Balloon payments are no party

Johann Rossouw | 11 May 2022

Johann is an Associate Financial Planner at Fiscal Private Client Services. He holds the Certified Financial  Planner® accreditation and has a keen interest in personal finance and how financial markets affect our everyday lives.

Balloons normally conjure up images of birthday parties, happy times, and harmless fun. A balloon payment on a vehicle finance agreement, on the other hand, can potentially cost you a lot of money and destroy long-term wealth.

It is critically important to understand what a balloon payment is, how it works and the potential consequences of taking a balloon payment on your vehicle loan.

The aim of a balloon payment is to make the monthly repayments on a vehicle loan more affordable for you. You can think of a balloon payment as a lump sum that is payable at the end of your loan term.

With and without balloons
To illustrate this by way of an example, suppose two friends – Sam and Sam's Bestie - buy the identical car – costing them R400 000 each.

Sam and Sam's Bestie both take out vehicle finance*, but Sam's Bestie opts for a balloon payment of 20% of the price of the vehicle (or R80 000).


(no balloon)

(with balloon)

Total payment

R509 929

R527 943

Interest paid

R109 929 R127 943
Assumptions:  Interest:  10% a year, five-year term



Sam's monthly repayments over the five-year period will be R8 500, while Sam's Bestie only pays R7 500.

Sam's Bestie feels pretty chuffed with a R1 000 extra to spend every month. At the end of the five-year term, however, Sam will owe nothing on the car, while Sam's Bestie will still owe the balloon payment of R80 000.

At the end of the term, Sam's Bestie will have paid approximately R18 000 more for the exact same car as Sam - see table.

There is more to consider when it comes to a balloon payment. Let’s assume Sam's Bestie does not have R80 000 available to settle his balloon payment at the end of the five-year term.

Sam's Bestie's bank graciously offers to extend his loan for another three years. This will, however cost R2 700 per month – meaning Sam's Bestie has paid almost R625 000 for a car that cost R400 000 eight years ago.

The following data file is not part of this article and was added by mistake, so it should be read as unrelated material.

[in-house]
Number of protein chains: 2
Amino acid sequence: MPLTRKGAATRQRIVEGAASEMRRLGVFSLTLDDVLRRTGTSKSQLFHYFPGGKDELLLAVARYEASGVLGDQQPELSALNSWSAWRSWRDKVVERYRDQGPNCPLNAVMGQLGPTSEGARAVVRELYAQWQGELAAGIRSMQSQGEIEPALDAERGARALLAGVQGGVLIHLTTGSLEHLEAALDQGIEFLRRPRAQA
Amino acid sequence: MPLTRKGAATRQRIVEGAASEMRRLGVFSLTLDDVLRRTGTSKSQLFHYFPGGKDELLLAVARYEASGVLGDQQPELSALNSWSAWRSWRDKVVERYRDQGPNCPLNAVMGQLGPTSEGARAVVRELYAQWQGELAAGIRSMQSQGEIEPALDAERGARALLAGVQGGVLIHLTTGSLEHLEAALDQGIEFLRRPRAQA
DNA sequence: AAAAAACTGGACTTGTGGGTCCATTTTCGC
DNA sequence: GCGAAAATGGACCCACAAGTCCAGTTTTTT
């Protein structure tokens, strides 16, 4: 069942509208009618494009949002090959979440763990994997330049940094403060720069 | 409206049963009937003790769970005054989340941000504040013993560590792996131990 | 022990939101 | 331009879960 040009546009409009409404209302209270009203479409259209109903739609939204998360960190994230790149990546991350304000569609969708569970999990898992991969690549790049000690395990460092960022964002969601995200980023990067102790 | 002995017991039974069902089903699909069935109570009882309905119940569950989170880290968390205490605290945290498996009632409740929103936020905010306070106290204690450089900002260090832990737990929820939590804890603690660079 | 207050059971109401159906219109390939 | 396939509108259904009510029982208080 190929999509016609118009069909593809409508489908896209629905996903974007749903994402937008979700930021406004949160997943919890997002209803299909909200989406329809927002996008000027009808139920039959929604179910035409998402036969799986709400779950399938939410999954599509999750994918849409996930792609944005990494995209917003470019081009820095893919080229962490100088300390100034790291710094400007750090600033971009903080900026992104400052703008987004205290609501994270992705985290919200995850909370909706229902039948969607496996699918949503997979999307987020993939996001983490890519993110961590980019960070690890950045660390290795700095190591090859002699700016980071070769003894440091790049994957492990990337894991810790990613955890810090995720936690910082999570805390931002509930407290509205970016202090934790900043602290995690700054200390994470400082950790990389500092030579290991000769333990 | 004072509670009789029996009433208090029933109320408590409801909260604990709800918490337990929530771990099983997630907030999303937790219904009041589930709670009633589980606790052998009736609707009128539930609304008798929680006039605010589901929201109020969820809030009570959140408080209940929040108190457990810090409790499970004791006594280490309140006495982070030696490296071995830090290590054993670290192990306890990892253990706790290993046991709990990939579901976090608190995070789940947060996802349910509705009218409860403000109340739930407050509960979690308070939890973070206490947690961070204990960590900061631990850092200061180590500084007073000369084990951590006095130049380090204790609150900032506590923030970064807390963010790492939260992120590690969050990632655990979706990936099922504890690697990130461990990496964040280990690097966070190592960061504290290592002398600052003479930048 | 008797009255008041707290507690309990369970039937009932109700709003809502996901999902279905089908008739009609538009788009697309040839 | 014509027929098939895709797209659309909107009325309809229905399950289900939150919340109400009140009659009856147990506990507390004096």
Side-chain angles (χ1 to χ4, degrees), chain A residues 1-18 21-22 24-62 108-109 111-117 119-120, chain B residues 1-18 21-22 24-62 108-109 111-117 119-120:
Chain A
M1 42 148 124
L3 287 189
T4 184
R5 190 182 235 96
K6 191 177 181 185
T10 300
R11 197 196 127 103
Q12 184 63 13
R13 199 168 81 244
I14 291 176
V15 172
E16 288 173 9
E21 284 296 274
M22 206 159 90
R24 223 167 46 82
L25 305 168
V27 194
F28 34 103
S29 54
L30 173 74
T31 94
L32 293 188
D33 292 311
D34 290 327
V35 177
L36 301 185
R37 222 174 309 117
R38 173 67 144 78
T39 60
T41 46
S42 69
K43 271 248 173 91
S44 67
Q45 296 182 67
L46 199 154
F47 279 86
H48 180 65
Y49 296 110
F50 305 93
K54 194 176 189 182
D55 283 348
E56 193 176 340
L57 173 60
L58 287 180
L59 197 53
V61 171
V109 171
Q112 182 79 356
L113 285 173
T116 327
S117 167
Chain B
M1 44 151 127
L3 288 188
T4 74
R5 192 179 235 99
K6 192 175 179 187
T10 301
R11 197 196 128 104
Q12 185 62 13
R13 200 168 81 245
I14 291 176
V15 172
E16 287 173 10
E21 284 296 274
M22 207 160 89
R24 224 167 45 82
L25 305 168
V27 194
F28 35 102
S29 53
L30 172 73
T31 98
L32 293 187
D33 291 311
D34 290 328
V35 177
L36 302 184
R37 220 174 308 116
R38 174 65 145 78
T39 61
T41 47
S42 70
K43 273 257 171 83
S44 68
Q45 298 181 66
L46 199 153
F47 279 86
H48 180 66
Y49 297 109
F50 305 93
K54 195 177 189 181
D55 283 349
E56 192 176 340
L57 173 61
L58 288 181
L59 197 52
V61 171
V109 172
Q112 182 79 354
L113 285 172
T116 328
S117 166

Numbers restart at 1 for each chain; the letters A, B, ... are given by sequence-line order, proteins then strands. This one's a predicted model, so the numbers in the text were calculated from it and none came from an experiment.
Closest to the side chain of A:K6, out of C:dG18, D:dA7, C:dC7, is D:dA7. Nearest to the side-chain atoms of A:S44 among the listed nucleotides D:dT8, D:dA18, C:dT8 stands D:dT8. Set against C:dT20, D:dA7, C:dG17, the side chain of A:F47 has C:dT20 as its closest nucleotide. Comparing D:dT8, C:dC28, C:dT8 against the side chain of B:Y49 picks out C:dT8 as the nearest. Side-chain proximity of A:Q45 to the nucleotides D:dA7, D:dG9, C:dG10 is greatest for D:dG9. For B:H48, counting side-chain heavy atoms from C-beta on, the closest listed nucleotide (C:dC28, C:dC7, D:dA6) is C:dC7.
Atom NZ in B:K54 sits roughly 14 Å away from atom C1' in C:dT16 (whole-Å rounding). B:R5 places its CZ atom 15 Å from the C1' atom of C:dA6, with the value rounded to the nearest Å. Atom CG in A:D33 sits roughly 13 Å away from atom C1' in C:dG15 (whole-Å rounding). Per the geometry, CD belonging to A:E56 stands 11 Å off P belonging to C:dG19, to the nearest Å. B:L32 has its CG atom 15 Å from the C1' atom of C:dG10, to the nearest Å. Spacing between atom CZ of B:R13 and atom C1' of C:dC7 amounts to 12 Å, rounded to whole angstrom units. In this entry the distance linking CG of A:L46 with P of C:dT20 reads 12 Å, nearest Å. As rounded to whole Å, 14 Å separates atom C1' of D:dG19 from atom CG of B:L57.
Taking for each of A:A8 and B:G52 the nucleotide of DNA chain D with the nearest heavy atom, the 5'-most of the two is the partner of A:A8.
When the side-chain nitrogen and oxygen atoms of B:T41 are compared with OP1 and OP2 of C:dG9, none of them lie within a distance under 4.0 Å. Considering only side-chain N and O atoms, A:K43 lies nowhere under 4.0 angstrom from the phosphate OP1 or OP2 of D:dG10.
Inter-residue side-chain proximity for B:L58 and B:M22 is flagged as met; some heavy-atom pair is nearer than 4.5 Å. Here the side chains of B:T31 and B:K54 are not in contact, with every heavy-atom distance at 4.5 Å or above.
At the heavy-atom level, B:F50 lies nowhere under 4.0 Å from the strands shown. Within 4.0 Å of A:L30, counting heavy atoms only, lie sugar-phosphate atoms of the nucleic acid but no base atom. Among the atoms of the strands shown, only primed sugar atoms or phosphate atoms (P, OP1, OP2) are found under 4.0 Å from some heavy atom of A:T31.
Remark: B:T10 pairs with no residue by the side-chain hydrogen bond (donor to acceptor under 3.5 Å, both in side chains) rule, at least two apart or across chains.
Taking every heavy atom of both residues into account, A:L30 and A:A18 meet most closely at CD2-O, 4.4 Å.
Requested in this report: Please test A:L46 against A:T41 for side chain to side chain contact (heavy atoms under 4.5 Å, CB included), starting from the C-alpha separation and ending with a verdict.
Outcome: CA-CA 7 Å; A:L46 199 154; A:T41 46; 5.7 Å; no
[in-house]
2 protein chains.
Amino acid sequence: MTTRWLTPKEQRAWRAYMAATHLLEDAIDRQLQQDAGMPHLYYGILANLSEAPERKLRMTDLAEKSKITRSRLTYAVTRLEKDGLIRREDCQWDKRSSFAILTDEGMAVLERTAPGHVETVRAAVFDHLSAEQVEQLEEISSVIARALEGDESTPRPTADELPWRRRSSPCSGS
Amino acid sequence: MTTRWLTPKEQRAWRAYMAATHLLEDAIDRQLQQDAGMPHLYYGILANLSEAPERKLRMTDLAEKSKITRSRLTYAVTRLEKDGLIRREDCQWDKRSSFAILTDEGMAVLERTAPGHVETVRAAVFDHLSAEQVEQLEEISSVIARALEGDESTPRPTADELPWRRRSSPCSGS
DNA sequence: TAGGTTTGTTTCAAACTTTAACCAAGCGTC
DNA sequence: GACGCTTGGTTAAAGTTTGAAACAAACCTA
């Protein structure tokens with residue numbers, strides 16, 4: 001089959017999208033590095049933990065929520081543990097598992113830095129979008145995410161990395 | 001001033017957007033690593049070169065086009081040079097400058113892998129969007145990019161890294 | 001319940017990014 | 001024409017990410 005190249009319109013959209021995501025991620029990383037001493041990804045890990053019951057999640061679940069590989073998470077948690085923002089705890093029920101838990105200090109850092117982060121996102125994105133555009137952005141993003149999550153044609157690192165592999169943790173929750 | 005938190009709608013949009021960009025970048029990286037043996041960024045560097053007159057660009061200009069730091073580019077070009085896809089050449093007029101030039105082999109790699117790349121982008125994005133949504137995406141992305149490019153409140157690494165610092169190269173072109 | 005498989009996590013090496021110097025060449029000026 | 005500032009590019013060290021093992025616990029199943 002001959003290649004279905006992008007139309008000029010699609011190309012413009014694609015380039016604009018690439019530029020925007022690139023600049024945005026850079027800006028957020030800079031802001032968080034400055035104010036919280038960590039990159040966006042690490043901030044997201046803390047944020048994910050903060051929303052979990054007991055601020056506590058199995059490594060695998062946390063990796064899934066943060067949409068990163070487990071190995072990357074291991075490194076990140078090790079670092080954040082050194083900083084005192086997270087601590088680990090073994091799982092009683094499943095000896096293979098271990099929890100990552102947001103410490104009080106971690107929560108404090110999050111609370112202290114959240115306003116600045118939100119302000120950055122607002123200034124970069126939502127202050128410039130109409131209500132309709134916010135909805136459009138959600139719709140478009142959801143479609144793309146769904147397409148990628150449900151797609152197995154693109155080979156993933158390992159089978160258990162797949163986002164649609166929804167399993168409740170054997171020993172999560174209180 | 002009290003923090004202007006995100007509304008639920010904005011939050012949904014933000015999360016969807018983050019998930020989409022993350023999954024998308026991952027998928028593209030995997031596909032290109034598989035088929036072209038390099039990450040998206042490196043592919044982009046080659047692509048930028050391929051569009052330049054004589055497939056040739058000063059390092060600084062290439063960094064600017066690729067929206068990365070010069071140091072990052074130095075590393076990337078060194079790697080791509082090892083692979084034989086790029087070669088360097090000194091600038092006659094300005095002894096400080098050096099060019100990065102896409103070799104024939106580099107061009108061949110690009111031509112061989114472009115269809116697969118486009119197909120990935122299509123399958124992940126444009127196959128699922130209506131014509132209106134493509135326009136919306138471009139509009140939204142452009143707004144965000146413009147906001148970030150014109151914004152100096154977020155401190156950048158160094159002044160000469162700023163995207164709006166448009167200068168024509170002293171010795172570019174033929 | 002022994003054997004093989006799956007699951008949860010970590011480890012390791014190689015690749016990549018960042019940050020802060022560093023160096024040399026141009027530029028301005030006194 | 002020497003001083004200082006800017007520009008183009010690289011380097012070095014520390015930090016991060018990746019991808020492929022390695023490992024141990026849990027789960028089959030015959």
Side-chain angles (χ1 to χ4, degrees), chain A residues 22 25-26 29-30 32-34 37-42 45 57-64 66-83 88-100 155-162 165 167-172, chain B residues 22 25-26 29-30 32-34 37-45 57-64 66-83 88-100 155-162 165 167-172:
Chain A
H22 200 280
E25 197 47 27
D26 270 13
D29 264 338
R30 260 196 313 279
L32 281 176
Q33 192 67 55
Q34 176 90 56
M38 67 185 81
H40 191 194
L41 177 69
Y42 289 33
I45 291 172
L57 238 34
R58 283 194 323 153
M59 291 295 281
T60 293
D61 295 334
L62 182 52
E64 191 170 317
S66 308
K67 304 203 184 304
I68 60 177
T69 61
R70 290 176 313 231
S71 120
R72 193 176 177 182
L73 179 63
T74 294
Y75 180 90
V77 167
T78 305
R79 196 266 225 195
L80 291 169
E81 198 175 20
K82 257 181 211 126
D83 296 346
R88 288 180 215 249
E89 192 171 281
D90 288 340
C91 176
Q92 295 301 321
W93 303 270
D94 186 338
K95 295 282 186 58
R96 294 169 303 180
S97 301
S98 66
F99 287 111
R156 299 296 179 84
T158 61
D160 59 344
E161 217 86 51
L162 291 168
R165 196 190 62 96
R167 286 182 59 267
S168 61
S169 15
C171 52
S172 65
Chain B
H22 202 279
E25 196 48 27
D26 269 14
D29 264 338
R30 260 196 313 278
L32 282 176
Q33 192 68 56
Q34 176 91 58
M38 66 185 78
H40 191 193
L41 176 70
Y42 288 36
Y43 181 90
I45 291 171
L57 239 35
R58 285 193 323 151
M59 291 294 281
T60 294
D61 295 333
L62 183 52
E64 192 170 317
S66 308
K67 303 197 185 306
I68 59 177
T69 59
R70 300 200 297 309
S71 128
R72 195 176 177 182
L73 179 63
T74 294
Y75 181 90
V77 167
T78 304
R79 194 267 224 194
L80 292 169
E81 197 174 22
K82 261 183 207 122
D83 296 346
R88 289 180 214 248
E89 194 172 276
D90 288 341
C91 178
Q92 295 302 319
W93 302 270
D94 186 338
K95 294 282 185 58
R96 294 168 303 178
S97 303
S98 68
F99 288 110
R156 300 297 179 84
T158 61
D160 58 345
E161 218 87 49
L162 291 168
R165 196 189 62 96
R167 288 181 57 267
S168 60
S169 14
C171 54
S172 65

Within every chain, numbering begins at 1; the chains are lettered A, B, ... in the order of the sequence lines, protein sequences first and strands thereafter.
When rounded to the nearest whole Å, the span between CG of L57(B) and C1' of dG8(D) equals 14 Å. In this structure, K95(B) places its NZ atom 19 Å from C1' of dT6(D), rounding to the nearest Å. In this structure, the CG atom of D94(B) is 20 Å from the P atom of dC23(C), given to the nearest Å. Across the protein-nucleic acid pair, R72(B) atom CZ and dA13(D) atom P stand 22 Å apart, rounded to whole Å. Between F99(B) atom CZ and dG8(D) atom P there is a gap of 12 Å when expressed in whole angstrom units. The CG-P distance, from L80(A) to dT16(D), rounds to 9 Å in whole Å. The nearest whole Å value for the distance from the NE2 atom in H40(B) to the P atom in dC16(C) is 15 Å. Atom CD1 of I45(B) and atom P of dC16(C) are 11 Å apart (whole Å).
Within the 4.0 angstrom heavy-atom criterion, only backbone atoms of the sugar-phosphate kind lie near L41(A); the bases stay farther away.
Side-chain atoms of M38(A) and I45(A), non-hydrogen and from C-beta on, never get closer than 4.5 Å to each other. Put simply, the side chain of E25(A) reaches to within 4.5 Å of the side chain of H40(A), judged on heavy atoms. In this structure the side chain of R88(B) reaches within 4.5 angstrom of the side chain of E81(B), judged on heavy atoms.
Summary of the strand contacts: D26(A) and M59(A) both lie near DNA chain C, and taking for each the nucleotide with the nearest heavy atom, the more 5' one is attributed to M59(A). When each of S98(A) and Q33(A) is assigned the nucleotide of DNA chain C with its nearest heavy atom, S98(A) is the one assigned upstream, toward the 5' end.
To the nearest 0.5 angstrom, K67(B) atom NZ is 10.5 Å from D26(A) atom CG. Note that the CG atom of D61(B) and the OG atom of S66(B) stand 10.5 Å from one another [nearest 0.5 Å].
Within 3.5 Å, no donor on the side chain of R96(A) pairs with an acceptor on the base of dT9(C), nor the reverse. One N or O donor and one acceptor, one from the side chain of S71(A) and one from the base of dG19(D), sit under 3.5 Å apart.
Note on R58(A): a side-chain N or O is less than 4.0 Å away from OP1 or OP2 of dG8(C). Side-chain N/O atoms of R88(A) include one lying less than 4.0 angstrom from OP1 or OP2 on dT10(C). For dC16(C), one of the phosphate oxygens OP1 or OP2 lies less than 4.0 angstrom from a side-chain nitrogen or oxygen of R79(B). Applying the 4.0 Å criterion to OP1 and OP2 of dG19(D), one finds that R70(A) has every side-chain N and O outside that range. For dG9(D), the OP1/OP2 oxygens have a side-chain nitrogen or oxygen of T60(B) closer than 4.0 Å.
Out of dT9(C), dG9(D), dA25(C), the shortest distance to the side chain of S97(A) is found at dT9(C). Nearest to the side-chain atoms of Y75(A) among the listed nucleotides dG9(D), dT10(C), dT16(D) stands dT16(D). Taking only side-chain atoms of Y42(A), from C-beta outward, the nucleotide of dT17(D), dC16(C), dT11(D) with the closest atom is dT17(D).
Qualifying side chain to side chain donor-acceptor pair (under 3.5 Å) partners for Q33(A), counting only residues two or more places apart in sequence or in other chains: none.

The real gut punch for Sam's Bestie, however, comes when the loan is paid off and the car can be sold.

After eight years of depreciation, Sam's Bestie's car is now only worth R170 000 – which effectively means a loss of R455 000 over the eight-year period. 

Sam's car will also depreciate, but he will have a paid up car a lot sooner than Sam's Bestie.


How to pop the balloon

There is, however, hope for Sam's Bestie and people who find themselves in a similar situation. If you currently have a balloon payment, the most-effective ways of popping the balloon are to follow one of the following tactics:

  • Use any surplus funds that you might have to settle your debts quicker.

  • Open a savings account to save up for when the balloon payment becomes due.

If you are in the market for a new vehicle, avoid balloon payments as far as possible.

It is also smart to try to save up for a healthy deposit.

It is crucial to only buy what you can afford. Generally, a vehicle is a depreciating asset. This effectively means you are borrowing money to fund something, the value of which, goes down as soon as you drive it off the showroom floor.

If you want to get a better understanding of vehicle finance and balloon payments, talk to a financial adviser - ideally one with the Certified Financial Planner accreditation - who will be able to explain the different options available to you in a simple and clear manner.